Get Used to Judges Who Block Executive Orders

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A federal district judge in Louisiana has blocked President Joe Biden’s executive order pausing all new leases for energy exploration on public land. The ruling mimics decisions issued by federal courts that constrained former President Donald Trump. It’s the latest evolution in the role of federal judges as obstacles to high-profile presidential edicts. Liberals happy with the way the federal courts constrained Trump must now acknowledge that judicial power is a double-edged sword.

The nuts and bolts of the opinion concern two federal statutes that direct the secretary of the interior to establish processes for leasing exploration rights: the Outer Continental Shelf Lands Act (for offshore projects) and the Mineral Leasing Act (for inland projects). To oversimplify, the processes are supposed to evaluate proposals in light of environmental as well as social and economic interests. Biden’s executive order effectively froze leasing contracts that were in process and ready to go, but that had not yet gone into effect.

To issue a preliminary injunction blocking the pause, the district court had to find that the 13 states that challenged the law had standing and also that they would be irreparably harmed by the pause. I think the court was right on the issue of standing, because I take a pretty broad view of who should be able to ask a federal court to challenge an executive action. But I’m much less convinced that the states are irreparably harmed by a pause in leasing contracts, as the court found. Federal contracts take time, and everyone involved with them knows they can be delayed.

The court then blocked the pause for two different reasons. First, it said that since the OCSLA doesn’t expressly mention a presidential power to pause leases, only Congress could do so -- pursuant to the clause of the Constitution that says Congress has the authority to dispose of federal property. That holding seems unconvincing. There is no reason the statute should have to mention pausing expressly, given that the statute gives the executive the power to make the decision.

More credibly, the court went on to say that Biden’s order was likely not legal because it violated the Administrative Procedure Act, which requires the executive to follow procedures and give reasons for its administrative actions. Whether the district court got this part right has a lot to do with whether you think the Biden administration gave a sufficient reason for its pause.

The explanation the executive order gave for the pause was that it took place

pending completion of a comprehensive review and reconsideration of Federal oil and gas permitting and leasing practices in light of the Secretary of the Interior's broad stewardship responsibilities over the public lands and in offshore waters, including potential climate and other impacts associated with oil and gas activities on public lands or in offshore waters.

There is no doubt that it’s within the authority of the executive branch to engage in such a comprehensive review. If you have a strong, functional view of executive power, you would think that the president should be able to pause action by administrative agencies in order to do such a review. The APA says that agency decisions can’t be arbitrary and capricious; and there is nothing inherently arbitrary about reviewing policies. Pragmatically, the president should have some discretion to issue a pause where it’s necessary to protect the environment.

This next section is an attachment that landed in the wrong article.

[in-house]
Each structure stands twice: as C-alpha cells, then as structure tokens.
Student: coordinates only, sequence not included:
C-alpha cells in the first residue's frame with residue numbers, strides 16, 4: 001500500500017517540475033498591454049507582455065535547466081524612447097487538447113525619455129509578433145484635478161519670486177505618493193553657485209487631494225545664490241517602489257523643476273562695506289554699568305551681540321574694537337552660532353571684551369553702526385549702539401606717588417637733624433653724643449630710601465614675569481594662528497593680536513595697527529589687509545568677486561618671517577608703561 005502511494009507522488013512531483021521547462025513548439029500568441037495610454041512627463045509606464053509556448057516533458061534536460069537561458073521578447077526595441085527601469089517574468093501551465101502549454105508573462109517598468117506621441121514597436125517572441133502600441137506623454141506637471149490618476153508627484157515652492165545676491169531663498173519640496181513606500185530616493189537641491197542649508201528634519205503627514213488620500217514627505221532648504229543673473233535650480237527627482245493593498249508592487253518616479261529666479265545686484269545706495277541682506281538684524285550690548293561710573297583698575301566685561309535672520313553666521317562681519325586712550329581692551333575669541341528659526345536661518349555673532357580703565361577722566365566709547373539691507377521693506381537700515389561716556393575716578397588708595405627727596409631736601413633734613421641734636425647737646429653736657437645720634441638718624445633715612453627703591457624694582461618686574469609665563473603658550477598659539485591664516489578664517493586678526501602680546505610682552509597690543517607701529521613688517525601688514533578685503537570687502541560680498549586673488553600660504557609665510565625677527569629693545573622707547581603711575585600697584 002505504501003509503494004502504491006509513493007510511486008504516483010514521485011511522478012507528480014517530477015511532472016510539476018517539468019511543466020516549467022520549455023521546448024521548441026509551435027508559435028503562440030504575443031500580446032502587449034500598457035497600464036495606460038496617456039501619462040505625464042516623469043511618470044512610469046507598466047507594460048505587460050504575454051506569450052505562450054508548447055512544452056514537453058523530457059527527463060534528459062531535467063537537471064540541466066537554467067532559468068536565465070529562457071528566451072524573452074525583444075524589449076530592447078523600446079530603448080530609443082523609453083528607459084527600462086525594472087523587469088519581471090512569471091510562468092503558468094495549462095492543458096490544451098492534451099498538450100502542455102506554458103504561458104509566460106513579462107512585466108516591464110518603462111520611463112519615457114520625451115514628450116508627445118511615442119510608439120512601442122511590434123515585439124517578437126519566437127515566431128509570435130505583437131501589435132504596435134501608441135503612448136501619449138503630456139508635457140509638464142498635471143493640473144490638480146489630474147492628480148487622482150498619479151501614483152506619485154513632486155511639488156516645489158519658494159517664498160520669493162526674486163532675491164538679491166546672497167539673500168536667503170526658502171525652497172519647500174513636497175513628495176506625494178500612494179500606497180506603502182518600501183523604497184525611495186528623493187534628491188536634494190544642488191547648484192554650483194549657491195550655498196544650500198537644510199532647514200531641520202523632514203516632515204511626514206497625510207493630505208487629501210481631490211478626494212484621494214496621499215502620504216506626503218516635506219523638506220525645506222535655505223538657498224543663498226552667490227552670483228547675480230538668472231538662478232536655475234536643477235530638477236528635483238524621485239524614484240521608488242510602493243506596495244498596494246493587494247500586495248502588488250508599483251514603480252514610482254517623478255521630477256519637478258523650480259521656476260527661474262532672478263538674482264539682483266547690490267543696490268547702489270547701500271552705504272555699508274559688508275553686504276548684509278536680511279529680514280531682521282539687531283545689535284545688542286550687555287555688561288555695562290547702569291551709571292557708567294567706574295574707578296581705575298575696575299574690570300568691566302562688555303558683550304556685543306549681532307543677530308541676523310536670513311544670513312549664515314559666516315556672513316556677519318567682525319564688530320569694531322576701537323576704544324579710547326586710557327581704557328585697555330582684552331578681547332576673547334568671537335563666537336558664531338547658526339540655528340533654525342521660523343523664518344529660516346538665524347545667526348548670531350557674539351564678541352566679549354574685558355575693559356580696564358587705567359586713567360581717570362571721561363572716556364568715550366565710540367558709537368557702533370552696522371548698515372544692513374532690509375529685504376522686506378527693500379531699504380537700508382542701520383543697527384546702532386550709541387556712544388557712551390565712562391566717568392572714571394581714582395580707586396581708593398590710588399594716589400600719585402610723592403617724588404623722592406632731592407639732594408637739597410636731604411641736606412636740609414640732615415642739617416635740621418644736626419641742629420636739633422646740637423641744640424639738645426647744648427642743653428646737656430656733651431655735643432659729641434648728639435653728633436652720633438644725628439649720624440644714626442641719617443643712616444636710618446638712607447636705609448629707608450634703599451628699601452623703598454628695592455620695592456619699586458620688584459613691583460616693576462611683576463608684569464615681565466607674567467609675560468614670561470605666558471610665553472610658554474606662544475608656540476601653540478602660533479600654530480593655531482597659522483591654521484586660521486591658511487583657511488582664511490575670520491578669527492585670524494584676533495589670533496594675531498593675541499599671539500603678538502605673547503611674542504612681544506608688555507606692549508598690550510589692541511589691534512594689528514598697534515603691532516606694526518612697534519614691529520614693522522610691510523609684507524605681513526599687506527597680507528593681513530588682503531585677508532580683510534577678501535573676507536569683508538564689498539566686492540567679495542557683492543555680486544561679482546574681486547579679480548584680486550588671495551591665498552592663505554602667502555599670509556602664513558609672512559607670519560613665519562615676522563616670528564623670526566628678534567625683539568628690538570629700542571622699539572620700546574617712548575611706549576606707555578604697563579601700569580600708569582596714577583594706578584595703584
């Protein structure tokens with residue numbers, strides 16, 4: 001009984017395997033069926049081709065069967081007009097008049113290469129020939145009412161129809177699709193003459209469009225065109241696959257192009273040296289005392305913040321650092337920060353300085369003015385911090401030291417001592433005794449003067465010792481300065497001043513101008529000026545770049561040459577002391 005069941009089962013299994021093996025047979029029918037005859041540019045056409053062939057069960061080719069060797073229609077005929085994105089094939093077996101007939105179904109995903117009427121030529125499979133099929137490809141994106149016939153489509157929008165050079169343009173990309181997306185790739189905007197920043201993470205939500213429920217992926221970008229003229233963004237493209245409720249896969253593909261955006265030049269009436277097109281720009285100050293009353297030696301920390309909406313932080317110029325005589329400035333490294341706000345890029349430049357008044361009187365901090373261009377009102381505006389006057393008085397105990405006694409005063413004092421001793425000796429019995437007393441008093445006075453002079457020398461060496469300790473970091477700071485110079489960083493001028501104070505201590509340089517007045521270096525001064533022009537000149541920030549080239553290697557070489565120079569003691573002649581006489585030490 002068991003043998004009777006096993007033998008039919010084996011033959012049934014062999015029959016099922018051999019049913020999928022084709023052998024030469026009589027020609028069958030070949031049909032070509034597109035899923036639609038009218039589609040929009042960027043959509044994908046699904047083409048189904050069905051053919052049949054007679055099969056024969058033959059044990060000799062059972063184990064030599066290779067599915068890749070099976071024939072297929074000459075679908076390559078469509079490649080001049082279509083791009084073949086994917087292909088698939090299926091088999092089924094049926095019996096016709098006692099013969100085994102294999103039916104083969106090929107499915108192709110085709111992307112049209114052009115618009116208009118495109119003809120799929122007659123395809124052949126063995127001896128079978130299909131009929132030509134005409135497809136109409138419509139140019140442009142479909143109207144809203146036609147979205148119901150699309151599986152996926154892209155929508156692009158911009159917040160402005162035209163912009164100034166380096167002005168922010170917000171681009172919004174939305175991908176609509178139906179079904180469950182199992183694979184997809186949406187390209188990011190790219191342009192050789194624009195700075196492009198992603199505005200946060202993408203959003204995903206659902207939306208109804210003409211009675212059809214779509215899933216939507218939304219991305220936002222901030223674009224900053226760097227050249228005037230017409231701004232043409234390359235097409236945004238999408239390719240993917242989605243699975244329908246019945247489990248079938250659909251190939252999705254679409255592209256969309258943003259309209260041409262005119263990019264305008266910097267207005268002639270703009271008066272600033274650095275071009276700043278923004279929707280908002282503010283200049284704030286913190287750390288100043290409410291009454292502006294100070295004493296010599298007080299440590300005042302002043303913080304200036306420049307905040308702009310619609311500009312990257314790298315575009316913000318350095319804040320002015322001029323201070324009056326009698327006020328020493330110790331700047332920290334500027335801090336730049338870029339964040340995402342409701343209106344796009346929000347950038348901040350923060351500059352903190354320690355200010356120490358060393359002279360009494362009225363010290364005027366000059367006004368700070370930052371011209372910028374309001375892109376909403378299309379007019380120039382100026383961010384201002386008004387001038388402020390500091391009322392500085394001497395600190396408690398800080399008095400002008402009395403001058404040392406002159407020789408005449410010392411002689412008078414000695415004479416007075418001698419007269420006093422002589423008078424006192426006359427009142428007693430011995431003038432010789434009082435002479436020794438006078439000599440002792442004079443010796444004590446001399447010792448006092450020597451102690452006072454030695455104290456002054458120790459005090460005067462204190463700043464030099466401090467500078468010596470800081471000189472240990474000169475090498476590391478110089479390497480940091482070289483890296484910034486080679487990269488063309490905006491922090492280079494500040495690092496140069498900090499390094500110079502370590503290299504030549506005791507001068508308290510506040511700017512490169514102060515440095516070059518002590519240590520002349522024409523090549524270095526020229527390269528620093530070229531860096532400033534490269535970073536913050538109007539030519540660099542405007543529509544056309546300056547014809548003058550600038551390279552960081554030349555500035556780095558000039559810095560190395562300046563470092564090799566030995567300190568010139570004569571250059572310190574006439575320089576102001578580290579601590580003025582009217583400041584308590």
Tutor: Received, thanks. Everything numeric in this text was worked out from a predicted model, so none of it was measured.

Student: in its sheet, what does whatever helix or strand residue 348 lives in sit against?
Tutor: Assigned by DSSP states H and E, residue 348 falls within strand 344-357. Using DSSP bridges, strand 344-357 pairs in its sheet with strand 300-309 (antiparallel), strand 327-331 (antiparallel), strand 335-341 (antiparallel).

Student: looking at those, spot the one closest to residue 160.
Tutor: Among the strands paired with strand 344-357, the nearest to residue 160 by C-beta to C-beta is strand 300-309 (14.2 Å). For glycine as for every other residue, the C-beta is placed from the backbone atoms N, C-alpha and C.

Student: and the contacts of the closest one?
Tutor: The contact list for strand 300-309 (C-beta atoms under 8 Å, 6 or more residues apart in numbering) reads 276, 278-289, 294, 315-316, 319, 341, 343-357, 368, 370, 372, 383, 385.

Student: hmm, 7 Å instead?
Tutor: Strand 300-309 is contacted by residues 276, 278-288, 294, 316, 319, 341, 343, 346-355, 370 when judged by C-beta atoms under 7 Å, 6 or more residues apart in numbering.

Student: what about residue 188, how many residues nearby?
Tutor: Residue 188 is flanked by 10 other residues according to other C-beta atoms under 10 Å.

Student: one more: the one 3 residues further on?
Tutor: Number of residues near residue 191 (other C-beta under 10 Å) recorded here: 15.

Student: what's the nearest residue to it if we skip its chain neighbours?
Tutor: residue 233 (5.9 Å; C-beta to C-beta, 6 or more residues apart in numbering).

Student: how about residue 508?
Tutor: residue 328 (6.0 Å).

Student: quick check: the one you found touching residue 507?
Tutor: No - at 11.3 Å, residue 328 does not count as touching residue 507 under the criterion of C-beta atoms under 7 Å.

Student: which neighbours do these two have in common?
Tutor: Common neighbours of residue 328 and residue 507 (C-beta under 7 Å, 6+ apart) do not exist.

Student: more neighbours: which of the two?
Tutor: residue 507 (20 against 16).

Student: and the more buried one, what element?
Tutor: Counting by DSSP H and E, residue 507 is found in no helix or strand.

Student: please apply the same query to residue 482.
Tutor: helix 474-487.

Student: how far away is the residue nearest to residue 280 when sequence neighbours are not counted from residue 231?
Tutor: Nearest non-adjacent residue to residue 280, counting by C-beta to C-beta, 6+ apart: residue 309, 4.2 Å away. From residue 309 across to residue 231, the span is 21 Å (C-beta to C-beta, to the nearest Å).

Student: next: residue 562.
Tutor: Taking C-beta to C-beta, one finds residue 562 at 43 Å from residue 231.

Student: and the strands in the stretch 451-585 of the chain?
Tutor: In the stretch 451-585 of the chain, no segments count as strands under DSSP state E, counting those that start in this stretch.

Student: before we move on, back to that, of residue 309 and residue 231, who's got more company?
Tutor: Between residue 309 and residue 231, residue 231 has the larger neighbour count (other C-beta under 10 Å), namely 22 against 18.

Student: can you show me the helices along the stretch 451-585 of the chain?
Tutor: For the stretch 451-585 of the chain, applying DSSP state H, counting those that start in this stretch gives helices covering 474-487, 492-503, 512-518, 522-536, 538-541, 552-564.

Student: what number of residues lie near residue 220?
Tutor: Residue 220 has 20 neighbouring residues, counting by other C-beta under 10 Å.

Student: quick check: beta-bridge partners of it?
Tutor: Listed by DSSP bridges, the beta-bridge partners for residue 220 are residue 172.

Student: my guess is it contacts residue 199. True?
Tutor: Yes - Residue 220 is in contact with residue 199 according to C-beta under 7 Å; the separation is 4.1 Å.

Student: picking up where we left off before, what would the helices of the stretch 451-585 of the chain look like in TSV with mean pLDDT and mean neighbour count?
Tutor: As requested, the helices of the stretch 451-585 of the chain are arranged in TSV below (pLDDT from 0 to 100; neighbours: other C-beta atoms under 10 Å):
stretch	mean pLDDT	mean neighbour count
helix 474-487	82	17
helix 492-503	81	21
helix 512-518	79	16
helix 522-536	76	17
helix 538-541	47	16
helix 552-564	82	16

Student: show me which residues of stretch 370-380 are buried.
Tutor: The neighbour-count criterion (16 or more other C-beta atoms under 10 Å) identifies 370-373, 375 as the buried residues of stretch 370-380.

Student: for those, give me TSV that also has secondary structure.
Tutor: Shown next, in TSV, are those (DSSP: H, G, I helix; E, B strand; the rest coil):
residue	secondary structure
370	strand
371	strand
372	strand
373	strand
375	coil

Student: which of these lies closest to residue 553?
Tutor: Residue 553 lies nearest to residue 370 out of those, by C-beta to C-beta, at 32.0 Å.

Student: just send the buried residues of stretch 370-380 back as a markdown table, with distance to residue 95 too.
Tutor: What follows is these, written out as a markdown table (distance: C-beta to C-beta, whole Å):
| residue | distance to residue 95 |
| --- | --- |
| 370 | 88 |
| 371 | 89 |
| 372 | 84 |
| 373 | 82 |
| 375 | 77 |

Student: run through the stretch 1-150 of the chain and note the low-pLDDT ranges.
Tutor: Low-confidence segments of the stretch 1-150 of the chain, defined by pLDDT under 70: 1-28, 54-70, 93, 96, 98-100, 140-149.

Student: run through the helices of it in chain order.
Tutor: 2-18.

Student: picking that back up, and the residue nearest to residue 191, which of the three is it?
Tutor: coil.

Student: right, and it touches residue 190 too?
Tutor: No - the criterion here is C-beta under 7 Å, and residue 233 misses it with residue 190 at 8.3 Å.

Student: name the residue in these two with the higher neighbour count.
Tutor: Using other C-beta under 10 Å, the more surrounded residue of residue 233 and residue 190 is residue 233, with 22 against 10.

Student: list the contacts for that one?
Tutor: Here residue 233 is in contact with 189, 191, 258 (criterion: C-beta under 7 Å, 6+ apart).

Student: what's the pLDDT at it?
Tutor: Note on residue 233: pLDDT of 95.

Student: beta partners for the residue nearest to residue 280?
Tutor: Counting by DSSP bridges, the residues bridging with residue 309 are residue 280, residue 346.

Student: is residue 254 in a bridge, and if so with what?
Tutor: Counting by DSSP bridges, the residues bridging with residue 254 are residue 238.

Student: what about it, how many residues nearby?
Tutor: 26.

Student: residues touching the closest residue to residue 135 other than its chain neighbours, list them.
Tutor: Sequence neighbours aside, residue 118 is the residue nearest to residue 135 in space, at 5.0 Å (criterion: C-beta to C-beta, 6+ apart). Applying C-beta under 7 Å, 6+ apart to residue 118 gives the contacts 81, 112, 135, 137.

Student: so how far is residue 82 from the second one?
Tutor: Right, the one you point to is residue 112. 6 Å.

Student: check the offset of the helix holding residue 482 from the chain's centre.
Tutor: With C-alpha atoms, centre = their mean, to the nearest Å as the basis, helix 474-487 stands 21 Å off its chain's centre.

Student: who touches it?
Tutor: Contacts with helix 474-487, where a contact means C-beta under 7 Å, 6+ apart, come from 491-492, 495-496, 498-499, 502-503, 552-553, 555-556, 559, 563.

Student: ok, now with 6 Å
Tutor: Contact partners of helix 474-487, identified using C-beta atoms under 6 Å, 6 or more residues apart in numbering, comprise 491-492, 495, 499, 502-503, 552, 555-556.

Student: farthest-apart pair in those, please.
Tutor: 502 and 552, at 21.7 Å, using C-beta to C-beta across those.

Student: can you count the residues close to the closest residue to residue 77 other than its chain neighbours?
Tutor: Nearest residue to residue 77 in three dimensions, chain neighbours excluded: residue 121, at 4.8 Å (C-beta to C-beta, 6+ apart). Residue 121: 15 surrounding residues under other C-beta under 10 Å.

Yet in a series of cases that took place during the Trump administration, federal courts blocked a range of executive actions by the Trump administration for failing to conform with the APA. The most famous examples included Trump’s rescission of Barack Obama’s Deferred Action for Childhood Arrivals (DACA) program and the attempt by his Commerce Department to put a citizenship question on the census. In each of those cases, the courts held the Trump administration to rigorous standards of explanation of its actions -- standards the administration could not meet.

Seen from this perspective, the Louisiana federal judge’s decision imposes similarly rigorous standards on the Biden administration.

It’s extremely unlikely that the conservative-dominated U.S. Court of Appeals for the Fifth Circuit would overturn the district judge’s order. And unlike the Trump era, when the Supreme Court’s conservatives sometimes intervened to reverse lower court rulings that limited the president, the justices are very unlikely to weigh in on this case in its current form. 

Of course, the Biden administration can still begin an ordinary administrative process to issue new rules and regulations for exploration leases. It can reach different conclusions than those reached by prior administrations. And those conclusions will themselves be subject to judicial review. Nevertheless, this is clearly a defeat for environmental groups.

The upshot is that the federal courts can substantially interfere with unilateral executive action when they choose. When Trump’s lawless executive action was at stake, that intervention was highly desirable. The power, however, can’t be narrowly constrained to bad presidents and bad action. The activist judiciary is here to stay.

This column does not necessarily reflect the opinion of the editorial board or Bloomberg LP and its owners.

Noah Feldman is a Bloomberg Opinion columnist and host of the podcast “Deep Background.” He is a professor of law at Harvard University and was a clerk to U.S. Supreme Court Justice David Souter. His books include “The Three Lives of James Madison: Genius, Partisan, President.”

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